- At least seven U.S. federal district courts have filed charges against captured Sinaloa Cartel kingpin Joaquin “El Chapo” Guzman. However, the government of Mexico has officially charged El Chapo with cocaine trafficking, making it unlikely that he will be extradited to the United States any time soon. Yesterday the drug cartel leader’s lawyers filed an injunction to block his potential extradition, which has been granted by a Mexican judge.
- While many local residents in Michoacan hailed the emergence of so-called “self-defense” groups as a grassroots response to drug-fueled violence in the country, distrust in these organizations -- many of which now have access to federal recognition -- is growing. The NYT profiles wary reactions to the vigilantes among farmers and landowners in Mexico’s Tierra Caliente region, noting alleged links between some among their ranks and the very criminal groups they claim to fight.
- The Washington Post asks who the most-wanted drug trafficker is following El Chapo’s arrest, offering a list of potential names among the top figures in the country’s criminal underworld. Citing recent remarks from Mexican Interior Minister Miguel Angel Osorio Chong, Milenio reports that the next on the list is El Chapo’s main partner in the Sinaloa Cartel, Ismael “El Mayo” Zambada Garcia.
- Peruvian President Ollanta Humala announced a cabinet shakeup yesterday, naming Housing Minister Rene Cornejo as his administration’s fifth prime minister since he took office. Cornejo replaces Cesar Villanueva, who resigned following a highly public spat with First Lady Nadine Heredia and Finance Minister Luis Miguel Castilla. Last week Villanueva said that the government was considering a raise in the minimum wage, which the other two vigorously denied.
- On Sunday, Colombian President Juan Manuel Santos announced that his personal email account had been hacked by unknown elements, which he claimed was part of an attempt to slander him as he runs for a second term ahead of presidential elections in May. The announcement confirms a report last week by El Tiempo, which claimed that some of the emails referenced payment of his daughter’s school tuition, as well as plans to purchase a work of art (which ultimately fell through).
- While it remains the country with the highest homicide rate on the planet, Honduras appears to be making progress against violence in the country, according to statistics released earlier this month by the independent Violence Observatory of National Autonomous University (UNAH). The Observatory found that Honduras’ murder rate last year was roughly 80 per 100,000, down from 85 per 100,000 in 2012 and 92 per 100,000 the year before. As Honduras Culture and Politics notes, Honduran Security Secretary Aruturo Corrales has said the figure is even lower, and responded to critics by threatening to create a new, “official” Observatory under his office.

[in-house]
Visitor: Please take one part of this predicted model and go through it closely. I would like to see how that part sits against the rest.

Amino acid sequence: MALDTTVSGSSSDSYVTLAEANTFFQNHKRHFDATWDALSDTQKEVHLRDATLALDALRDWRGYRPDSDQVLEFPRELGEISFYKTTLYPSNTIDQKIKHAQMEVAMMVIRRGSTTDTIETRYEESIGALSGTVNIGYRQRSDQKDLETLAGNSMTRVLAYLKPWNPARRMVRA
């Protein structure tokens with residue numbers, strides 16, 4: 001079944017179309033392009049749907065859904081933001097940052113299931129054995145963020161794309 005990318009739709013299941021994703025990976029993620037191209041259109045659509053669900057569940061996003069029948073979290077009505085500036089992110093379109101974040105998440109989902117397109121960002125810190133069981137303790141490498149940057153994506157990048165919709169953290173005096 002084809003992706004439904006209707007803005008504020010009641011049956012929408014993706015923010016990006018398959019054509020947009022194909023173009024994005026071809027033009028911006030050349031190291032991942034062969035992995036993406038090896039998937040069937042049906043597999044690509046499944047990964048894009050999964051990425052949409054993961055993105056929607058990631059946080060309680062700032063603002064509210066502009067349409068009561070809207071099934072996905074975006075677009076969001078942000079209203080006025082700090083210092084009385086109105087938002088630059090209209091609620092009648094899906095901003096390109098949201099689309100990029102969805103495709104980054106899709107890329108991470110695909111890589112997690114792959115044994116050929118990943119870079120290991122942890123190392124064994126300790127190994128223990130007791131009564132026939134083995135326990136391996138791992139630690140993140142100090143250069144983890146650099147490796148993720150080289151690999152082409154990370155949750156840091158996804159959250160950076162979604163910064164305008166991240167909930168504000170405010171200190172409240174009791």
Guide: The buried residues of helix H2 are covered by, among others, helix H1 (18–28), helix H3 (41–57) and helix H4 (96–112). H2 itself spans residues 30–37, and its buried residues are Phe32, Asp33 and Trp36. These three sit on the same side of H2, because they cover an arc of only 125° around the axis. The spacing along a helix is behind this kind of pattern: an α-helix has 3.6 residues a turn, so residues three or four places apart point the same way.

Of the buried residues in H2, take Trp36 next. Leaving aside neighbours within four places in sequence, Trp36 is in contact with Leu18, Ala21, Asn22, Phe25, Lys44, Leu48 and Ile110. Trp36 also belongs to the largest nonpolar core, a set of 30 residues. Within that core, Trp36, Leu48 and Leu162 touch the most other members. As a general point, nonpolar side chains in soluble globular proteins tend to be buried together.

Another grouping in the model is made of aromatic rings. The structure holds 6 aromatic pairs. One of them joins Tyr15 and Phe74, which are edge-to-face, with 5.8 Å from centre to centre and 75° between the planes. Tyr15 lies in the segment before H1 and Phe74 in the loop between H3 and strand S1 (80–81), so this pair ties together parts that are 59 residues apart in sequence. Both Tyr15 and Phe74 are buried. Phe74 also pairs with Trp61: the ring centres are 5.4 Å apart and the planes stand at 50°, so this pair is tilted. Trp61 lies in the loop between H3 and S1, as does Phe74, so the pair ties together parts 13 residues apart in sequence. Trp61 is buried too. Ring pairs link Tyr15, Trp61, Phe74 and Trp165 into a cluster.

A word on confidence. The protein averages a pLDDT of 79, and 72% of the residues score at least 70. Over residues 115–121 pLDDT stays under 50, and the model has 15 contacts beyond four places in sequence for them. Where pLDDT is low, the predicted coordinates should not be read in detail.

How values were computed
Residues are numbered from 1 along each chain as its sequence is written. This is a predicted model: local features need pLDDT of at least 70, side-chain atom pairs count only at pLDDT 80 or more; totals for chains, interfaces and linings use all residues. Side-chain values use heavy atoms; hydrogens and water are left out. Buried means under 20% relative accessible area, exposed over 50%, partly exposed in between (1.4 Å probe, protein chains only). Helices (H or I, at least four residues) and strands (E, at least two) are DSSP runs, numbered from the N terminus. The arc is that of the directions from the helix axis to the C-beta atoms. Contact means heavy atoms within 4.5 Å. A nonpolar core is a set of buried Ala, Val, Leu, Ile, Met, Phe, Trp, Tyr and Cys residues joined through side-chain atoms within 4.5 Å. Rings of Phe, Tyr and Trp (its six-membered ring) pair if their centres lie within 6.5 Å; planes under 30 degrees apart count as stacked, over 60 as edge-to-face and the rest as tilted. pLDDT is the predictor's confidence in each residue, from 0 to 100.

- Mexican news site Animal Politico features an interesting back-and-forth on the recent proposals to change Mexico’s marijuana laws submitted at both the local (in Mexico City) and federal level. Security analyst Alejandro Hope describes the current push as guided by a “manual on how not to legalize marijuana,” criticizing the way both bills have been presented as well as their allegedly vague language. According to him, this is a recipe for disaster, and has only fueled rejection of the measures among politicians and confusion among the general public. In response, legal expert Alejandro Madrazo of the CIDE research center offers a point-by-point rebuttal of Hope’s critiques. Madrazo argues that, while the bills are far from perfect, they are the best available option in the country’s current political climate. He is also confident that at least the Mexico City measure will gain traction, and asserts that controversial legislation always meets initial opposition before triggering a deeper debate.
- The European Union and government of Brazil have announced an agreement to construct an undersea communications cable which will connect the northeast Brazilian city of Fortaleza with Lisbon, Portugal. In remarks at a conference in Brussels yesterday, President Rousseff applauded the agreement as a move to "guarantee the neutrality" of the Internet, as it will help reduce her country’s reliance on U.S. undersea cables (a sensitive issue in the wake of the NSA surveillance scandal).